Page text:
Norse Polytheistic Mythology

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    1.2.4 • Public • Published

    En-Dictonary is a node.js module which makes works and their relations available as a package.


    This packages uses the En-Wordnet package to make the words, their meanings and relationships available to your node.js package. It also adds helper functions for other ways to access the information.

    Quick Start

    You can install the package via npm or yarn

    yarn add en-dictionary

    Once it has been added, you need to initialize the dictionary, like so

    const wordnet = require('en-wordnet')
    const Dictionary = require('./index')
    const start = async () => {
      const dictionary = new Dictionary(wordnet['3.0'])
      await dictionary.init()
      const result = dictionary.searchFor('yet')

    There are some more examples here.

    The dictionary can take about 2000ms to load the data in memory, it doesn't use an external database/redis yet (nor is that planned, since most queries are fast enough, and the underlying data doesn't changes probably once a year)

    As of version 1.2.0, most lookups are extremely fast

    search: 1ms
    search2: 0ms
    searchOffsetsInData: 0ms
    searchSimple-drink,train: 0ms
    wordsStartingWith: 18ms
    wordsEndingWith: 16ms
    wordsIncluding: 17ms
    wordsUsingAllCharactersFrom: 231ms
    wordsWithCharsIn: 326ms
    wordsWithCharsIn-priority: 350ms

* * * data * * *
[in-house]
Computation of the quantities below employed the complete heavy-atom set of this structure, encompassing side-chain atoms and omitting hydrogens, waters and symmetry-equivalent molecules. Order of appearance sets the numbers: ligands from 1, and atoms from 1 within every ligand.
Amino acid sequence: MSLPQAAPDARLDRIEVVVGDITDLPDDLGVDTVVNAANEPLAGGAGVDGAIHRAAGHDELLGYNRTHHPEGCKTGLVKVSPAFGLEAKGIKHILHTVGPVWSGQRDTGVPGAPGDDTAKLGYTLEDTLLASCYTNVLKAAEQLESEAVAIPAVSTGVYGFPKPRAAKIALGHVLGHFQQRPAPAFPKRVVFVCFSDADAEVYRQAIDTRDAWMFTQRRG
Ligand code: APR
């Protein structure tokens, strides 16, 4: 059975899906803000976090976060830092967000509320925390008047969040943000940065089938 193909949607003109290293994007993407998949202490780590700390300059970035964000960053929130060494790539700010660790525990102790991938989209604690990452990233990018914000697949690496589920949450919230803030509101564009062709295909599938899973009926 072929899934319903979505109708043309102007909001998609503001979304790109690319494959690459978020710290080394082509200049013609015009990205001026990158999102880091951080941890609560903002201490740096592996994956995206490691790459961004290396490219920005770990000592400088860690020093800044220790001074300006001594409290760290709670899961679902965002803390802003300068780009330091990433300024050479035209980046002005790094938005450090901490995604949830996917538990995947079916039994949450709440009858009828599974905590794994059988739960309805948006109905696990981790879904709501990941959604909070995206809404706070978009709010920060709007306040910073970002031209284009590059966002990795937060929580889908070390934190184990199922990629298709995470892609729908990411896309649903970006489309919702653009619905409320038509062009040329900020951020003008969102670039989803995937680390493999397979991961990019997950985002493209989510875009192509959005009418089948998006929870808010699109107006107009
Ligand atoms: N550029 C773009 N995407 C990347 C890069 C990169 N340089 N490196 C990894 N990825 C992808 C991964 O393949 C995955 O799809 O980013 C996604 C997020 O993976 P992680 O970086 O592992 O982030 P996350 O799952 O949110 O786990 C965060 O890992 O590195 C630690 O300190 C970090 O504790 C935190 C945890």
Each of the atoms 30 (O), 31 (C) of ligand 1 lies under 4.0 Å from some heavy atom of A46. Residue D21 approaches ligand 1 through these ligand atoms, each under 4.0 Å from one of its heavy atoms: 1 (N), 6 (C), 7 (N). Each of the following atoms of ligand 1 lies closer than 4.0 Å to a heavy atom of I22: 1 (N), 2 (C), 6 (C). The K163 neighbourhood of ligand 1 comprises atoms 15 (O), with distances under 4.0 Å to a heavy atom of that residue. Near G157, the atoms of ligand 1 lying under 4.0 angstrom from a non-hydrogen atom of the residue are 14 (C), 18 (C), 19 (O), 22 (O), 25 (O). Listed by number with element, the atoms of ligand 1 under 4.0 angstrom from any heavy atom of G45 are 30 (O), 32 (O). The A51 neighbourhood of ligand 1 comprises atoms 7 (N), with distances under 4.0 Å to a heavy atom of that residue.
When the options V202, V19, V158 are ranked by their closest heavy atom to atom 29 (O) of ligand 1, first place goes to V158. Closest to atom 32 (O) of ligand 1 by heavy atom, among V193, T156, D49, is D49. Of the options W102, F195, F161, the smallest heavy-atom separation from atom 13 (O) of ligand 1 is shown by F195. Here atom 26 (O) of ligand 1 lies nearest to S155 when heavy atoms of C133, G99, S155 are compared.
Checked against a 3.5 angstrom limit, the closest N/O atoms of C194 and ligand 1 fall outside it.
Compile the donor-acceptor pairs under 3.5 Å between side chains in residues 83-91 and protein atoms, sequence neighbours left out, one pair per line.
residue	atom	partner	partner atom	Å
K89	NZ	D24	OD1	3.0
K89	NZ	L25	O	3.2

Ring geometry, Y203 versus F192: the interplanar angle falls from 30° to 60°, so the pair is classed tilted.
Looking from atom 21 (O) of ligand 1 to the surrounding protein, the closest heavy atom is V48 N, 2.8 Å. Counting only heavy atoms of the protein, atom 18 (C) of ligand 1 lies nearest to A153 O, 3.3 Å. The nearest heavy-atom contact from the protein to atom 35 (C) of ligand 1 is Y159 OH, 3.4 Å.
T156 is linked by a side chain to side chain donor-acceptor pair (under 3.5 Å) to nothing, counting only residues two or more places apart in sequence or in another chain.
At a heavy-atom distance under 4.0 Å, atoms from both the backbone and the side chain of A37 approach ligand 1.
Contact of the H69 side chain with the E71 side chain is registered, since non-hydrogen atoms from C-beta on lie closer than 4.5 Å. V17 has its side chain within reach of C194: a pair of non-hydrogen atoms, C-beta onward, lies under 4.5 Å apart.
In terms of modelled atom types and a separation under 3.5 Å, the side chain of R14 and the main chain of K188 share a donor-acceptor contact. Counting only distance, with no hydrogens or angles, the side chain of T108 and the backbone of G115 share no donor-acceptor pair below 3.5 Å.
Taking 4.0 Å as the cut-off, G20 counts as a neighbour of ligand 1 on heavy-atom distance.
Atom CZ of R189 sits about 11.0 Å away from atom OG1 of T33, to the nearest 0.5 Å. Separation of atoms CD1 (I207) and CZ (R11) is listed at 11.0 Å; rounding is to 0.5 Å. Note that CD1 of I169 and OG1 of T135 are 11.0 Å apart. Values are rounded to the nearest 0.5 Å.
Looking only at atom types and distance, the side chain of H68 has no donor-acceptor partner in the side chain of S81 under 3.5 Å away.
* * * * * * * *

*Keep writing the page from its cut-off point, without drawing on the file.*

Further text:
addIndex: 0ms
    indexLemmaSearch: 0ms
    indexLemmaSearch2: 0ms
    indexOffsetSearch: 0ms
    indexOffsetSearch2: 0ms
    addData: 0ms
    dataLemmaSearch: 0ms
    dataLemmaSearch2: 0ms
    dataOffsetSearch: 0ms
    dataOffsetSearch2: 0ms

    Query words

    You can query for a single word with this syntax. If you want to use multiple words, replace the with _.

    let result = dict.searchFor('preposterous')

    Here's a sample outlet that you can expect for the queries above

      "preposterous": {
        "lemma": "preposterous",
        "pos": "adjective",
        "offsetCount": 1,
        "pointerCount": 1,
        "pointers": [
          "Similar to"
        "senseCount": 1,
        "tagSenseCount": 1,
        "offsets": [
            "offset": 2570643,
            "pos": "ajective satellite",
            "wordCount": 9,
            "words": [
            "pointerCnt": 5,
            "pointers": [
                "pointerSymbol": "Similar to",
                "offset": 2570282,
                "pos": "adjective"
                "pointerSymbol": "Derivationally related form",
                "offset": 6607809,
                "pos": "noun"
                "pointerSymbol": "Derivationally related form",
                "offset": 852922,
                "pos": "verb"
                "pointerSymbol": "Derivationally related form",
                "offset": 4891683,
                "pos": "noun"
                "pointerSymbol": "Derivationally related form",
                "offset": 6607809,
                "pos": "noun"
            "glossary": [
              "inviting ridicule",
              "\"the absurd excuse that the dog ate his homework\"",
              "\"that's a cockeyed idea\"",
              "\"ask a nonsensical question and get a nonsensical answer\"",
              "\"a contribution so small as to be laughable\"",